It does look like a standard Jund List, but it has a slightly different game plan. There are a few surprise cards here to gain an advantage of surprise against most players, with Eldrazi Monument being the big addition to the deck.
Listed below is a Jund list that performed well at Worlds in Rome; take a look so I can talk about the obvious differences… and the hidden differences.
This was a list that made Top 8 at Worlds; lists like this were very popular throughout Day 1.
One thing Thomas did to his deck was cut the Broodmate Dragons. I feel this is the right call, and it should have been done a while ago. Sure, you are gaining card advantage from the Broodmate as it gives you two dragons for the cost of six mana, but this deck already has card advantage. Between Bloodbraid Elf, Master of the Wild Hunt, Sprouting Thrinax, Bituminous Blast, Blighting, and possibly Maelstrom Pulse, this deck has a massive amount of card advantage. In Magic, card advantage is great, but utilizing a card like Eldrazi Monument, a card that gives you an “I win” scenario, is much more important. It was something this deck has been missing for a while.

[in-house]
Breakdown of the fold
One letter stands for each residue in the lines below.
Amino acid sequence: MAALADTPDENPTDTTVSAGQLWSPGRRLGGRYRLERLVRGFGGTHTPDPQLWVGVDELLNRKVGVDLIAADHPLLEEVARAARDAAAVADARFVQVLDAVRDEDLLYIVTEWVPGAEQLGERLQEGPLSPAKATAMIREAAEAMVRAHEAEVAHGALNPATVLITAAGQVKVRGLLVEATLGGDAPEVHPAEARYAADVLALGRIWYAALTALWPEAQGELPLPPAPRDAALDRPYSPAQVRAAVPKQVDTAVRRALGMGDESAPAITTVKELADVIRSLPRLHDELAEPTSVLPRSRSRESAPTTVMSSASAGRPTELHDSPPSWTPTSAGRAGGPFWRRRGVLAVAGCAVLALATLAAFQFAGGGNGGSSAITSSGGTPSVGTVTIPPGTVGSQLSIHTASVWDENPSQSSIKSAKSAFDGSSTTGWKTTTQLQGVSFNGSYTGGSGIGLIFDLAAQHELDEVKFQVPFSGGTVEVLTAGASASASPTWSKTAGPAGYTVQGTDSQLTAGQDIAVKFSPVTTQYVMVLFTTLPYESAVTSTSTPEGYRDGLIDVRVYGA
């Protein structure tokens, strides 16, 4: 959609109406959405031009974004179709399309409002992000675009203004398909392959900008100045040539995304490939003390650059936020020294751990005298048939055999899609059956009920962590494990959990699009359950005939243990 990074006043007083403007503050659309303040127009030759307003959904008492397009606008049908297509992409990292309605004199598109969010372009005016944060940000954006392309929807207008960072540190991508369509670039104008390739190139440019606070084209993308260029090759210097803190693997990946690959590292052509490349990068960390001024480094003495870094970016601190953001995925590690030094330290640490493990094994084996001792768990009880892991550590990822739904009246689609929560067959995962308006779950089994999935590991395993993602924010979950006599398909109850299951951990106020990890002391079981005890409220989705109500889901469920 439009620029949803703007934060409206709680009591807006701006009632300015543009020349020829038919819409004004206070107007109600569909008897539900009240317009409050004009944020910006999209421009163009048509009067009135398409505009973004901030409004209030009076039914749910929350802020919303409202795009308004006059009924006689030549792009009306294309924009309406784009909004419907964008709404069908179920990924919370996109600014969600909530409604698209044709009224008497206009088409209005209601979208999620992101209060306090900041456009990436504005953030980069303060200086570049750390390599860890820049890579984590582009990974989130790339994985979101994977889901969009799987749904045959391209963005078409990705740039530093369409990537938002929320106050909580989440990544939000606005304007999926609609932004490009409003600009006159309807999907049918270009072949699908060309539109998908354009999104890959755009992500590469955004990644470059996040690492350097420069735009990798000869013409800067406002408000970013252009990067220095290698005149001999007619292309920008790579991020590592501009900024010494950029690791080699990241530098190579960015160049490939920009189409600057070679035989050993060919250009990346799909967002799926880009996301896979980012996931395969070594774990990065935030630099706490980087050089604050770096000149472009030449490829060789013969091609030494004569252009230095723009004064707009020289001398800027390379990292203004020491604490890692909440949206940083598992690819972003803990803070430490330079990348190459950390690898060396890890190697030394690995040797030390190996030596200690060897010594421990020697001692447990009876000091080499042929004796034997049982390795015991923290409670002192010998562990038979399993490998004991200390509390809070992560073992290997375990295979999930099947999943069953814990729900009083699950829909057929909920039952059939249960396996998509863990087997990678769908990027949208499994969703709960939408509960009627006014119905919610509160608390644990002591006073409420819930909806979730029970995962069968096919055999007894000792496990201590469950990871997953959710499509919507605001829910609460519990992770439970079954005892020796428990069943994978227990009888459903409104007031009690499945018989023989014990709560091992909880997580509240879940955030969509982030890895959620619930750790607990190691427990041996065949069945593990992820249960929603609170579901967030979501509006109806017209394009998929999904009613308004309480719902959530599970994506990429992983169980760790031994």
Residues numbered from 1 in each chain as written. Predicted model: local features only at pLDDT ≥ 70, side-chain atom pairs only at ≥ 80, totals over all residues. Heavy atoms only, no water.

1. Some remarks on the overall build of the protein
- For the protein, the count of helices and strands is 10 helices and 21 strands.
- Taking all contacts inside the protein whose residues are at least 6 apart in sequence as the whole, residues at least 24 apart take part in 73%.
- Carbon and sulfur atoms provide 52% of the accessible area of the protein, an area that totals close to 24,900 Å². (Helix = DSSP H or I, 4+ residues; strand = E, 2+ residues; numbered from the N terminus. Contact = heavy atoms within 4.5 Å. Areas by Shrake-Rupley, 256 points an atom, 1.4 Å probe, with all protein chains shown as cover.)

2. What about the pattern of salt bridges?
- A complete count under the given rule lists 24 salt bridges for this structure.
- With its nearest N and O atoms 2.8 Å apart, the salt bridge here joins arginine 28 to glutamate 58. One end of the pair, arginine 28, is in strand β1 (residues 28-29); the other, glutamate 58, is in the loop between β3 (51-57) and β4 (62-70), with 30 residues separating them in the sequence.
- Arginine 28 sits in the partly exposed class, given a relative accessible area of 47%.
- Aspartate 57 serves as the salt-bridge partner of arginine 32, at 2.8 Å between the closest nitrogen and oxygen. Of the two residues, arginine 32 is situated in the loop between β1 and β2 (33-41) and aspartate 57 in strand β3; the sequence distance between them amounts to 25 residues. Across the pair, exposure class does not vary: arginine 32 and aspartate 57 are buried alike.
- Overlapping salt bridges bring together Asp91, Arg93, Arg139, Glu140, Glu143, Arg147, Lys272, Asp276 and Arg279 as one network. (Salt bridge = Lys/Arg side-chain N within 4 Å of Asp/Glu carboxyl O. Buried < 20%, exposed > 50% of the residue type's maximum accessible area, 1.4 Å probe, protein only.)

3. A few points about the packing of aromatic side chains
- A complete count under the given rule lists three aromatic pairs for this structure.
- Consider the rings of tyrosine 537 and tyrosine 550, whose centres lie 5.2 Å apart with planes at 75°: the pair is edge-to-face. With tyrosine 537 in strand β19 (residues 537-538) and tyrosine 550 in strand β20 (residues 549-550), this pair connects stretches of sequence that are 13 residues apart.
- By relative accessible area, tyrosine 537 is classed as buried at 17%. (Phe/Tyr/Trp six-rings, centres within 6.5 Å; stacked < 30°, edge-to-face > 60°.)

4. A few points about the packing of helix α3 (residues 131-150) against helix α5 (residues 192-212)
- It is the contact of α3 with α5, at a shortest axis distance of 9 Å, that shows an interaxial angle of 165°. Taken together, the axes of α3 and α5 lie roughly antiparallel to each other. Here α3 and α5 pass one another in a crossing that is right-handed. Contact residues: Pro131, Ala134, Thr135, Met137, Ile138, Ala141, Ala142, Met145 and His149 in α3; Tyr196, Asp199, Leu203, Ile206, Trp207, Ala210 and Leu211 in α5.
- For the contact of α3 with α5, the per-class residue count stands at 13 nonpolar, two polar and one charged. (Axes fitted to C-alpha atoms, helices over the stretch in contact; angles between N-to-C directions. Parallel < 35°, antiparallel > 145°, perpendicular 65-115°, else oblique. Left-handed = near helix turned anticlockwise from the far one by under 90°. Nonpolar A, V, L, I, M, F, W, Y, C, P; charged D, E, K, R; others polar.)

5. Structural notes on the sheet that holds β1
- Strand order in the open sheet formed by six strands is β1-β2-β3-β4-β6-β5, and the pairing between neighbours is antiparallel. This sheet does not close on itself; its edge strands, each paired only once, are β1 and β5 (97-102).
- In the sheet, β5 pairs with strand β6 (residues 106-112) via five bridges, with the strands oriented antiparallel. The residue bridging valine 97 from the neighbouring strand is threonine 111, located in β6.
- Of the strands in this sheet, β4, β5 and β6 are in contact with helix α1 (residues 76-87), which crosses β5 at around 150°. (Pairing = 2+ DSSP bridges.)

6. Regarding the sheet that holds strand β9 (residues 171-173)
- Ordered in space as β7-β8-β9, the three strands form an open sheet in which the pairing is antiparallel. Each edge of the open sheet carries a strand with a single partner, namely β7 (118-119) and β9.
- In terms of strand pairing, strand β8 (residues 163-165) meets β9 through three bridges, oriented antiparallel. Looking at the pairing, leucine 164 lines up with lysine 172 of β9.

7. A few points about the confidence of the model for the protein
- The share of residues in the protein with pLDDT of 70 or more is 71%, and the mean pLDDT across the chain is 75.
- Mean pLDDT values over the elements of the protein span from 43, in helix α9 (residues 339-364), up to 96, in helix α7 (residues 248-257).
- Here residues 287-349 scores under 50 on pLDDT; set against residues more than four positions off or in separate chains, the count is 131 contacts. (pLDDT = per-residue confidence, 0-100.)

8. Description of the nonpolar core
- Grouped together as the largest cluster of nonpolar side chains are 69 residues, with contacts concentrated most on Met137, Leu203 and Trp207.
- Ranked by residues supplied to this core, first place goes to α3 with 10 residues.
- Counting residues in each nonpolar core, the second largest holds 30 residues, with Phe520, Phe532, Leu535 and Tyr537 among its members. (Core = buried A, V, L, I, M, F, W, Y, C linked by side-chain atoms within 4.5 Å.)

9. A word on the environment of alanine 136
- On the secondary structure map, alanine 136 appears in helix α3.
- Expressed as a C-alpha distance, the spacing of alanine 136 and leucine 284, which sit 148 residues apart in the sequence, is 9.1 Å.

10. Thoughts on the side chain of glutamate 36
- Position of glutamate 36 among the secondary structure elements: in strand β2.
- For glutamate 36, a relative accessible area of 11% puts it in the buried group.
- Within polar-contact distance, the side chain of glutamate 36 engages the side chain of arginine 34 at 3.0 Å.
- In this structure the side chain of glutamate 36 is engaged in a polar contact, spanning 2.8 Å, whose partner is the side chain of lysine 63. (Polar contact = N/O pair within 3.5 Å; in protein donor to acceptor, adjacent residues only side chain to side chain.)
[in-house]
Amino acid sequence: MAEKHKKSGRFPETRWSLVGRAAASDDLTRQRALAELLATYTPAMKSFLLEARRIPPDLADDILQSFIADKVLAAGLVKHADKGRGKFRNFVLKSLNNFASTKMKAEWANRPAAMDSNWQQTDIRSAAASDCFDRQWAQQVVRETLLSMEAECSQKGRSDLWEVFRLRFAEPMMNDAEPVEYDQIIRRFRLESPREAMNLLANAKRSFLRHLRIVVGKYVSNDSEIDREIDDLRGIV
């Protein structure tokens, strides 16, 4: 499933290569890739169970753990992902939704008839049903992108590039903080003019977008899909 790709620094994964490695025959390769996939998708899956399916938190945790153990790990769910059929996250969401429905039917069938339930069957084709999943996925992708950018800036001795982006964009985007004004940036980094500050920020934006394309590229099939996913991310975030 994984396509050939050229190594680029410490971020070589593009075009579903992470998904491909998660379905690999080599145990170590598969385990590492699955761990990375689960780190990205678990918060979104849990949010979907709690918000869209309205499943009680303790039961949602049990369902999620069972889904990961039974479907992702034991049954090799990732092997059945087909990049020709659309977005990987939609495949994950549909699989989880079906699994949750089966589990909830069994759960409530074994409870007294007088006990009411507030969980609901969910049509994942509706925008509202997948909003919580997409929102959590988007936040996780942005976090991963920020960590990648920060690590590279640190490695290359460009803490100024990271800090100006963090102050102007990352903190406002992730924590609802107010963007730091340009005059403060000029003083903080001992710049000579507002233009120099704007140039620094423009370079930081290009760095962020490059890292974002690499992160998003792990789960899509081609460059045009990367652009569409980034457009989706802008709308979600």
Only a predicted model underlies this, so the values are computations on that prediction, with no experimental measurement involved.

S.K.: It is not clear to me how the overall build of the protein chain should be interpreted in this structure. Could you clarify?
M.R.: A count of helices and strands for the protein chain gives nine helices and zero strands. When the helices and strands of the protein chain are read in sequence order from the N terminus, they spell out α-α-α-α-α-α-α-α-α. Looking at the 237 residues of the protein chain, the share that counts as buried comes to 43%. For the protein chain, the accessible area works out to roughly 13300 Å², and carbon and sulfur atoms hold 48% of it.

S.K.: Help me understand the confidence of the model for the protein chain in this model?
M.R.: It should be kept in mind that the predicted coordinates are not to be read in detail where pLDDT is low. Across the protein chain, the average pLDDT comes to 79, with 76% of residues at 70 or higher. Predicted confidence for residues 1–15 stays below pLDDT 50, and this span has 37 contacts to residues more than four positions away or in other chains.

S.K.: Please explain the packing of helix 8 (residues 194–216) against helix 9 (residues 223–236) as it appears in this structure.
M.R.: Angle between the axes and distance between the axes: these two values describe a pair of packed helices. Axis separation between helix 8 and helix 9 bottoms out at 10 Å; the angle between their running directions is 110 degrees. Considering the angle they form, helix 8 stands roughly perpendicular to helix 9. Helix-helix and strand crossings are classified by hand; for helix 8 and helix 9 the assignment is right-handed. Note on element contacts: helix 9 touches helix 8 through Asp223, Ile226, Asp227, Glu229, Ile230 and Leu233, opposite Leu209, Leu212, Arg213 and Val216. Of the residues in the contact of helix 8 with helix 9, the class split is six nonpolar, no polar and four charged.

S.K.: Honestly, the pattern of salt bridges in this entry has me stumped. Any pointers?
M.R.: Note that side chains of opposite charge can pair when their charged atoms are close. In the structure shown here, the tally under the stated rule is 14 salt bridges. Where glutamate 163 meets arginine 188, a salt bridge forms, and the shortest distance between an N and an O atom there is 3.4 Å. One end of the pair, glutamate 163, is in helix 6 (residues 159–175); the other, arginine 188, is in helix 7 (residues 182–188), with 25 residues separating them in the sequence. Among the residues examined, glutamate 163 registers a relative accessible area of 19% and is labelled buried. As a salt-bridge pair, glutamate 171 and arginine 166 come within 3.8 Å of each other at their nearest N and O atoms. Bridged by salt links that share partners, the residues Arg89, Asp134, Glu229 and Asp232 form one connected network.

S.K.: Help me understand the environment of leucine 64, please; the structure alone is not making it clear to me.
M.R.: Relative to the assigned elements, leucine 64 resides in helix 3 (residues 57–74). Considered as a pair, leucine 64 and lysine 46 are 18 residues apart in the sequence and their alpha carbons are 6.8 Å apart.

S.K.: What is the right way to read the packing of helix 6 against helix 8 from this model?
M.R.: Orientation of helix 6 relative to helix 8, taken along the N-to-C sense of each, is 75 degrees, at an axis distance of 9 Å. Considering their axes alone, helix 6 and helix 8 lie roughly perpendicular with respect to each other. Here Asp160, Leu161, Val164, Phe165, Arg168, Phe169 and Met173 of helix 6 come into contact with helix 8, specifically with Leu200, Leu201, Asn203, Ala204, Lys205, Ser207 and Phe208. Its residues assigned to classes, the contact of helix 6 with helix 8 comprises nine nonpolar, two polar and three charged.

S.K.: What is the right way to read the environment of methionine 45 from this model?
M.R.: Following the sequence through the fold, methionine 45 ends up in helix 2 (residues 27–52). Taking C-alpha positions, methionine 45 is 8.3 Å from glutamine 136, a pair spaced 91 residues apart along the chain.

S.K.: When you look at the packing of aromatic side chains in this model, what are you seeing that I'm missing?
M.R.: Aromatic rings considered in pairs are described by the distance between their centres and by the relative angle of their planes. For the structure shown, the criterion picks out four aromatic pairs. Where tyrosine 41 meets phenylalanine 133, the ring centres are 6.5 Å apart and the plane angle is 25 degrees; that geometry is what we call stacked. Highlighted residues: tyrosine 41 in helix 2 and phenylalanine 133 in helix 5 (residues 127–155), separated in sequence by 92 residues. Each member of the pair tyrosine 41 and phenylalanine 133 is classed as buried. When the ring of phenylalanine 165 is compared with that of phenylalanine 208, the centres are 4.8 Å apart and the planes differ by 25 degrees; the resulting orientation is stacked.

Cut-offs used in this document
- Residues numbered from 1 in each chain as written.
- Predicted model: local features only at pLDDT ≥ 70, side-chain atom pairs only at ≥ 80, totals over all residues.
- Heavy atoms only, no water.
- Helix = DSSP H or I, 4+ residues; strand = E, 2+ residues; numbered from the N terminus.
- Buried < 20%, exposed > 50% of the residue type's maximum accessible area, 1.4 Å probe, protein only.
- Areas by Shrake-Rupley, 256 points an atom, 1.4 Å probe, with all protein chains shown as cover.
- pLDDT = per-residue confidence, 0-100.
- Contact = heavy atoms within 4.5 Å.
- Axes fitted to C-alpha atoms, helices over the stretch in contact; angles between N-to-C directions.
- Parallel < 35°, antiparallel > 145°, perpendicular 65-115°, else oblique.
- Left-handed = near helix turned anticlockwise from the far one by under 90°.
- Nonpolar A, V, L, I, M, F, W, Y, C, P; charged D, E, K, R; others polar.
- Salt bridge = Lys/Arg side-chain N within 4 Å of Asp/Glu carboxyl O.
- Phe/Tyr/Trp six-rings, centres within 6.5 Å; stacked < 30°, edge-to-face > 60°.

Thomas also went with Siege-Gang Commander, which complements the Monument nicely as it gives more guys to be able to attack in the air along with enough guys to use as sacrificial lambs. I also really like the small things, such as the removal of Great Sable Stag from the sideboard. When Jund first appeared at full strength, Fairies was still really popular, and the best weapons you had against them were Volcanic Fallouts and Great Sable Stags. Of course, the metagame changes and people tend not to adapt until it’s too late. Did the pilot of the second deck really think Great Sable Stag was going to be useful at Worlds? It’s garbage verses all of the popular decks. In the Jund mirror it gets blocked by Bloodbraid Elf, or it simply dies to Master of the Wild Hunt’s wolves, or Lighting Bolt.
One other thing you must consider when building your deck for a big tournament is that other players will most likely have whatever “tech” you might think you have, unless you really think outside the box. For example, at Pro Tour: Austin people added Path to Exile and/or Ghost Quarters to their decks to hate against Dark Depths Combo, but it was clear that almost all the Dark Depths players — or at least those that were a threat to beat you anyway – had already figured this out. They had Chalice of the Void, Pithing Needle, and Venser, Shaper Savant, alongside discard to prevent this from happening. So, don’t be lazy and say something like “Yeah, I will just add a few of these cards to my sideboard or main deck, and my match again deck X will then be good.” The people who are playing deck X, or at least the ones that have a good shot of doing well in the tournament, have already though about and tested against whatever card you are adding.